This week on Tracking – a regular series in which we discuss our current favorite songs – you can listen to additions from Kanye West, Lorde, Janelle Monáe, Ellery James Roberts, Beck, Mikky Ekko and Sampha.
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Kanye West - "Black Skinhead"
On this season’s finale of Saturday Night Live, Ben Affleck – the Toast of Hollywood and holder of a freshly minted Best Picture Oscar statuette – introduced Kanye West as “the man you came to see.” Affleck’s words were neither humble nor exaggerated. This was our first encounter with Yeezus, an album that had been teased for months but hadn’t even been completed at that point. No shit he was why we were tuning in, Ben.
The performance was revelatory. West’s ferocious, rock star delivery of “Black Skinhead” unsubtly suggested what we now know to be true – the new album would snarl and froth as aggressively as those wolves projected behind him on the Studio 8H stage.
Of the ten songs on Yeezus, “Black Skinhead” exemplifies the album’s dark turn. There’s no respite from the song’s wrath. It offers no pleasing soul sample. Its lyrics relentlessly project spite at no clear target. Its chorus is merely a seething pause in the onward-bound barrage of its rage.
Though “Black Skinhead” doesn’t contain a single guitar note, it marks a turning point in the ongoing flirtation between rap and rock. Where earlier attempts at joining the two genres mostly resulted in the ugly kluges of late-90s rock radio, West instead channels the notion of rock while he just gets his scream on. Those who mistakenly thought he was sampling Marilyn Manson were on the right track. He may not have lifted explicitly from “The Beautiful People,” but Yeezus and Antichrist Superstar are connected by more than the biblical inversion of their titles.
Daft Punk contribute robotic vocal punctuations on “Black Skinhead,” really the only proof they collaborated with West on the song. After all, Yeezus is the antithesis to their breezy Random Access Memories. Daft Punk's mechanized blurts provide giddy thrills nonetheless, as does “Black Skinhead” throughout every second of its brisk three minutes.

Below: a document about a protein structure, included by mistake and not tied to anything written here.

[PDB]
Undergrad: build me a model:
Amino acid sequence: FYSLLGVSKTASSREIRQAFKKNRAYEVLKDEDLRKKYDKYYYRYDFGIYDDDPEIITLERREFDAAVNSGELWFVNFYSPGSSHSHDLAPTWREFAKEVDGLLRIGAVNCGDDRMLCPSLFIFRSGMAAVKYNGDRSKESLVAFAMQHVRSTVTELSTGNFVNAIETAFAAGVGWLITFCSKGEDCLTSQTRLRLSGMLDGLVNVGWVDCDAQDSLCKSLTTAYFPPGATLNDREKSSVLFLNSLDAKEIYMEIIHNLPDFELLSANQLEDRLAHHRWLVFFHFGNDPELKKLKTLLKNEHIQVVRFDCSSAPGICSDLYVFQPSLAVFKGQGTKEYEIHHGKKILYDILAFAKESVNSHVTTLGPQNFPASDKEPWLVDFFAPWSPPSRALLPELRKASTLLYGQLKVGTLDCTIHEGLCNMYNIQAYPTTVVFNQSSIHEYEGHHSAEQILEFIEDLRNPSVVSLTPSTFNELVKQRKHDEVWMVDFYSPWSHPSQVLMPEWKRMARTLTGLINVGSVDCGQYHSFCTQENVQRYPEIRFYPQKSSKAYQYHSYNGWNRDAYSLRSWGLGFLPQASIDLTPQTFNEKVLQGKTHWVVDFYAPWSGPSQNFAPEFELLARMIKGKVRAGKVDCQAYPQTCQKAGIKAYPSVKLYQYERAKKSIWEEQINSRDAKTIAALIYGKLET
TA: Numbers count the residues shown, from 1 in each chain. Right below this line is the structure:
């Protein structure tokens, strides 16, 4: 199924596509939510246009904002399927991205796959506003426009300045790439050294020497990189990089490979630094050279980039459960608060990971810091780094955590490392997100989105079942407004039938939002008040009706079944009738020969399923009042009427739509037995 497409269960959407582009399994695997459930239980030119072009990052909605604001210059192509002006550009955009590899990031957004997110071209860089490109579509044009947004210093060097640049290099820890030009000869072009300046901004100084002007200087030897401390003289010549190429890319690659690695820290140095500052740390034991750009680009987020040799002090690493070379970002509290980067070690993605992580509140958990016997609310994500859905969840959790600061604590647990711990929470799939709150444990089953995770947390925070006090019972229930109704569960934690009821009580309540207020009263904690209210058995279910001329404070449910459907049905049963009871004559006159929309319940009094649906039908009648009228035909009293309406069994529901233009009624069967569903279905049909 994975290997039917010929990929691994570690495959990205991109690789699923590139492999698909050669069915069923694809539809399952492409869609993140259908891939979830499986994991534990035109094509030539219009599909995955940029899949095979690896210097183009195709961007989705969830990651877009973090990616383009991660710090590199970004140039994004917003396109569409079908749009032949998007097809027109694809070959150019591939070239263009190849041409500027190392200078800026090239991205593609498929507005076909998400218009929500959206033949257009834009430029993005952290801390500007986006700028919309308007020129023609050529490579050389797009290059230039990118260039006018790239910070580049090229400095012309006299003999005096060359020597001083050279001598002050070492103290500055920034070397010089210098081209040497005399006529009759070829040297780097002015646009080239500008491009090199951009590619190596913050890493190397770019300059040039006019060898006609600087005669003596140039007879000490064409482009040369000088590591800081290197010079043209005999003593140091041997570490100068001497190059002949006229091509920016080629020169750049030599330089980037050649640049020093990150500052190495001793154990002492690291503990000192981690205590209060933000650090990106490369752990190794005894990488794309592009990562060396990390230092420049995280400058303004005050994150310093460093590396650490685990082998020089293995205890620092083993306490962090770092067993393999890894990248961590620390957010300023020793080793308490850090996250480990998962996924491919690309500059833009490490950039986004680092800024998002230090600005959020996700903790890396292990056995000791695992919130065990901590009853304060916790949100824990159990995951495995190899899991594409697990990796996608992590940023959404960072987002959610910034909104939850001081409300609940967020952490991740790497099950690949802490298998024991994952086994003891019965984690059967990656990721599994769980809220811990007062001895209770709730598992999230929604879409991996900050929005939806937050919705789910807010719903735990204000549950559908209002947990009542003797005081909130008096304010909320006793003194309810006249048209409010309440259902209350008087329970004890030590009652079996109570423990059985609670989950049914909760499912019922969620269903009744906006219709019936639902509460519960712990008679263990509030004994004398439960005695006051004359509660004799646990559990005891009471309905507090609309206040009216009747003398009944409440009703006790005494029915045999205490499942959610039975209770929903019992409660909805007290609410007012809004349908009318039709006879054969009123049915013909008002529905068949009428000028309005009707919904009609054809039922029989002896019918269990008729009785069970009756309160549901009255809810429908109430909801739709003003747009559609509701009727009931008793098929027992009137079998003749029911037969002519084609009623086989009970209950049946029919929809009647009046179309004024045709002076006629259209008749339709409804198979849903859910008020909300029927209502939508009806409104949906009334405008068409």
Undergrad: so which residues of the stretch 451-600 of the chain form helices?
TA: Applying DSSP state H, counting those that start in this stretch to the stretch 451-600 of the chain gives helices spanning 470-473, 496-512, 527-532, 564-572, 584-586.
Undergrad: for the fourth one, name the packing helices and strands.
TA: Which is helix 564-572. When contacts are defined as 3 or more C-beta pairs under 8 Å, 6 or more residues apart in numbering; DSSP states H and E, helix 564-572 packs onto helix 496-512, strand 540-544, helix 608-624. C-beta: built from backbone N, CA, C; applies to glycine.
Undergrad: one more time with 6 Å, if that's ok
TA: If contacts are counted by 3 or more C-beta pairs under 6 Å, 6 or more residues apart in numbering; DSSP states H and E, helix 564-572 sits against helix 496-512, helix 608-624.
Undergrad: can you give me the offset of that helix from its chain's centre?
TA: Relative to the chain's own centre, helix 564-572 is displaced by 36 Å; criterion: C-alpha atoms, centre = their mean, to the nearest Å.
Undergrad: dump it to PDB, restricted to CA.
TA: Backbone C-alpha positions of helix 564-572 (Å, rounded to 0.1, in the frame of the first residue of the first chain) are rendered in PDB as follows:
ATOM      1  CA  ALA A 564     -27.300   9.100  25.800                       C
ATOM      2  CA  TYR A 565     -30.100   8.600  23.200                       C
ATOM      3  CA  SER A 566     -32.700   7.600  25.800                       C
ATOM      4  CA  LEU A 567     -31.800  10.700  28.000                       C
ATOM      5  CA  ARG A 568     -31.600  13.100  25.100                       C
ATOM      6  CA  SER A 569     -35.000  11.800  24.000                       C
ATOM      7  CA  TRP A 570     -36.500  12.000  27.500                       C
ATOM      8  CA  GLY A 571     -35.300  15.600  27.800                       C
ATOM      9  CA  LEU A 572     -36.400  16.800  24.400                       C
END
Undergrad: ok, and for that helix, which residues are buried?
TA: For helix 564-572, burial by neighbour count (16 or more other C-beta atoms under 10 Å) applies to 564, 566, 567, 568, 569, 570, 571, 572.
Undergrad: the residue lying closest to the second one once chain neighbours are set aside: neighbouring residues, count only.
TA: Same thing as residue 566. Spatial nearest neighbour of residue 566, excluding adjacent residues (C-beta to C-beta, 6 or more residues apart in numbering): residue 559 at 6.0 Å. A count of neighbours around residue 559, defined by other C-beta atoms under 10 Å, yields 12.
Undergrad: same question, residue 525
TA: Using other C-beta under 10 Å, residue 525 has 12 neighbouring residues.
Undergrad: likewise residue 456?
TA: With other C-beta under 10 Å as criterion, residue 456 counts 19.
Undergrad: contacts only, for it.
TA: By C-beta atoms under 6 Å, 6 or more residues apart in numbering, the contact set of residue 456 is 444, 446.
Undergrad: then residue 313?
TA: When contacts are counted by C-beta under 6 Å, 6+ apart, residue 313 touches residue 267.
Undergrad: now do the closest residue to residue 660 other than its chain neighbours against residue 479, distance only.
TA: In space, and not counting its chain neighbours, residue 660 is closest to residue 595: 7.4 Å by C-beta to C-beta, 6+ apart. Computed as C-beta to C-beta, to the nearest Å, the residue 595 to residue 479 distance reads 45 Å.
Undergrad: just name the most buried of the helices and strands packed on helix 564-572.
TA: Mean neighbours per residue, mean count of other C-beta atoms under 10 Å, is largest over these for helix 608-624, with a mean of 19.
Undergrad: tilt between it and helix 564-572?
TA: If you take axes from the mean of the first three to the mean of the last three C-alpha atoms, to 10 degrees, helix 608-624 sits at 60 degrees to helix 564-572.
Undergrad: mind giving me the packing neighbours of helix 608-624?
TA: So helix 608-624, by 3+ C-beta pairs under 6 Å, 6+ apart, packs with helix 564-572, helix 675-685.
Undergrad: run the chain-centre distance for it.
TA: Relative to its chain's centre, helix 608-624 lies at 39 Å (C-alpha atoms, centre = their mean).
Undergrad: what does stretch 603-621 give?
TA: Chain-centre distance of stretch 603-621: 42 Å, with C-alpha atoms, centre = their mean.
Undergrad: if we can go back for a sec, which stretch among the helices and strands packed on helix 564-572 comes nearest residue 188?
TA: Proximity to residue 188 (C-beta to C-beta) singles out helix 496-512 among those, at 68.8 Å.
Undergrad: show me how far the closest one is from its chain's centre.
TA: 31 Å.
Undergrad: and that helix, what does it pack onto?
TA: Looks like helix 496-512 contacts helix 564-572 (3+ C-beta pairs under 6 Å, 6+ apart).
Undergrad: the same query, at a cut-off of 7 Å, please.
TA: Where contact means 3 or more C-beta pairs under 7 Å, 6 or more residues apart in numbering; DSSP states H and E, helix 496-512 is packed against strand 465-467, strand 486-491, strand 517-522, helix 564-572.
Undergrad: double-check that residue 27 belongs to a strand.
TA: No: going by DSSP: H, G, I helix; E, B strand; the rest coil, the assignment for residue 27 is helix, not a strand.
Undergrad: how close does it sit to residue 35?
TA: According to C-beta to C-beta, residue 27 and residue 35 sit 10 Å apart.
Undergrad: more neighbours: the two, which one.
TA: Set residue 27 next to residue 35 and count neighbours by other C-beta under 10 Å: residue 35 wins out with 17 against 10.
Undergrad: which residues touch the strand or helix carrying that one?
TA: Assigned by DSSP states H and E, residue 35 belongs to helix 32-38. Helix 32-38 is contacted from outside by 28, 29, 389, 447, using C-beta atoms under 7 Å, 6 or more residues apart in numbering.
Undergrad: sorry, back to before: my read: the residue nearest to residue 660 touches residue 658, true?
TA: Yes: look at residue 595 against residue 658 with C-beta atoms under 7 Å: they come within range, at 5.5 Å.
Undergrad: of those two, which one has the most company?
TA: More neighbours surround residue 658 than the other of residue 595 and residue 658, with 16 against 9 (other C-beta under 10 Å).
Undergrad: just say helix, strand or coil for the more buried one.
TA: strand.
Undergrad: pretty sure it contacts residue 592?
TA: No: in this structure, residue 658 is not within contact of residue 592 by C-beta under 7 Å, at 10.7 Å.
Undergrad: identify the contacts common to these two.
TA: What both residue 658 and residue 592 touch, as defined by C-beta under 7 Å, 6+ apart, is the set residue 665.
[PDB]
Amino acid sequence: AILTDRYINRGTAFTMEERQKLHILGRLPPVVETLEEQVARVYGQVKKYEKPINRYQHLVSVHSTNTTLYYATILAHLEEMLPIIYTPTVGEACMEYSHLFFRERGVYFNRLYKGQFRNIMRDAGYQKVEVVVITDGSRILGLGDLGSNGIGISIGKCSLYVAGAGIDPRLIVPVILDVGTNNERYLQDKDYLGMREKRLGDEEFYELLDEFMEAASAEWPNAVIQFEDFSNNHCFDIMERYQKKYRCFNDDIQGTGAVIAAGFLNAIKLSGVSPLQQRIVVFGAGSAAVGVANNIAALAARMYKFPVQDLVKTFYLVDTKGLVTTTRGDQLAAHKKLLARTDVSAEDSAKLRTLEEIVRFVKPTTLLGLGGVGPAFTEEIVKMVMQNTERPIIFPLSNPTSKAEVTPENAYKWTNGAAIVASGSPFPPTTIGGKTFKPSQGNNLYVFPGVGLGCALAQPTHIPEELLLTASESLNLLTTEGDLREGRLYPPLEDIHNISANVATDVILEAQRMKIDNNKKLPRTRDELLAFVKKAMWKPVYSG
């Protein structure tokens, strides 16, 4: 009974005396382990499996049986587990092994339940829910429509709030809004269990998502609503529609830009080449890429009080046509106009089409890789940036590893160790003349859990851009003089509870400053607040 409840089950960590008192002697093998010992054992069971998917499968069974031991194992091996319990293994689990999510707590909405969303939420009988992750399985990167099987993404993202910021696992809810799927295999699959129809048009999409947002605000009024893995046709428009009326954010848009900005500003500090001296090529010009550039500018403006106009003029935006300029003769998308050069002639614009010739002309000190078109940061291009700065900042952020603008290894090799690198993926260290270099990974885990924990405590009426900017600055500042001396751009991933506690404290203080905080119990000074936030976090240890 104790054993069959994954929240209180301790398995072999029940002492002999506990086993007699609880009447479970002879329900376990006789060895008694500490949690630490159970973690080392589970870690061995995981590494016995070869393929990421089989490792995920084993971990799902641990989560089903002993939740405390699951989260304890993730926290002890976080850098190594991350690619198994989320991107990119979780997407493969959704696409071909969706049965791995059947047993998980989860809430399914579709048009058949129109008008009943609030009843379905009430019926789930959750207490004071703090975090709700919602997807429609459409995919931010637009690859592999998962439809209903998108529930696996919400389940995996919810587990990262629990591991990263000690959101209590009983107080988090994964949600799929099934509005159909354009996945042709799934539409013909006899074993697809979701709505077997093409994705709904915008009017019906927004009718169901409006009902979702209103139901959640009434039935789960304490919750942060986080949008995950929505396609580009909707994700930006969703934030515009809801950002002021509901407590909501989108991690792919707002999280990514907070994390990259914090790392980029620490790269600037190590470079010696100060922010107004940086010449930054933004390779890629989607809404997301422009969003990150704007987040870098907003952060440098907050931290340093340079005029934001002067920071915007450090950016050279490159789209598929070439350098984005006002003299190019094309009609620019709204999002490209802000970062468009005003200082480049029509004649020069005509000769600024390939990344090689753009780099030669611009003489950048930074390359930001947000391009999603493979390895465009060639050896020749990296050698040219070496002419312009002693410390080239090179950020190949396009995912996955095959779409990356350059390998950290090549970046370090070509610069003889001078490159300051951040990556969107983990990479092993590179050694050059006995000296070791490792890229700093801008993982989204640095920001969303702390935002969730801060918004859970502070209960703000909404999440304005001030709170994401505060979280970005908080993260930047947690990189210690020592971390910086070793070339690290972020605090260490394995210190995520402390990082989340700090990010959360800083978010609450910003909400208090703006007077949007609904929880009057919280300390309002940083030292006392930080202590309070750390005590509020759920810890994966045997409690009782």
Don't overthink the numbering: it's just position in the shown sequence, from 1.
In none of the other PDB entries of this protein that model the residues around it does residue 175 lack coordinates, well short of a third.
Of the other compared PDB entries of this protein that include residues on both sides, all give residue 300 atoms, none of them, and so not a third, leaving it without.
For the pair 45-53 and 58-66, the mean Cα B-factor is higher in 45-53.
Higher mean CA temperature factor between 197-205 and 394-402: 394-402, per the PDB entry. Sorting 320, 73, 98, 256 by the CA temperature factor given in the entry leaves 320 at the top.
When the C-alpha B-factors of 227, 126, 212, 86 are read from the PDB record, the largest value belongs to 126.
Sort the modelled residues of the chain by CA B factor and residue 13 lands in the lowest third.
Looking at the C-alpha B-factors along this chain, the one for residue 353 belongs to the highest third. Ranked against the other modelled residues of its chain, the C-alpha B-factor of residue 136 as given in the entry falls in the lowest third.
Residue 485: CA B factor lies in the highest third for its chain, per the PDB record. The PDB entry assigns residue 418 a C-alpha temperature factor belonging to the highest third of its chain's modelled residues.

West insists he’s an outsider, a King Kong on the Empire State Building, encircled by cruel biplanes. He’s being provocative, for sure. In a sense, he’s right though. Too much of his personal life eclipses his artistry. And so West’s detractors remain in the shadow of the skyscraper on which he straddles, high atop the world. – Peter Tabakis
LORDE - "Tennis Court"
Lorde may only have six original songs released so far, but she already has a singular style. On each track of her debut EP, The Love Club, she lets her smooth, bubbly voice do the heavy weightlifting over hip-hop drum beats and booming synth lines, rising above the spare music with the charm and wit of a young Regina Spektor. It’s pop music, with the flow, rhythm, and swagger of rap. It’s a spiritual companion to the surge of recent albums (Modern Vampires of the City, Yeezus, Grimes’ Visions) that sound like the future of music – maximalist and minimalist all at once, overwhelmingly layered with sounds but also free-flowing in empty, open spaces.
On “Tennis Court,” her latest single, Lorde tells us what we already know – she’s “killin’ it.” The song is brimming with cool confidence, with pulsating synthesizers that wouldn’t sound out of place on the Drive soundtrack and lyrics that epitomize the triumphs and tribulations of youth. “We’re so happy,” she sings, “even when we’re smiling out of fear. Let’s go down to the tennis court, and talk it up, like, yeah."
Because really, what’s better for a 16-year-old than to go down to the tennis court and talk it up with her friends? Oh right, I almost forgot – Lorde's still 16 years old, in high school in New Zealand. Her lyrics consistently place her youth front and center, with doubt and vulnerability underscoring her self-assurance. “Pretty soon I’ll be getting on my first plane,” she tells us. “I’ll see the veins of my city like they do in space.”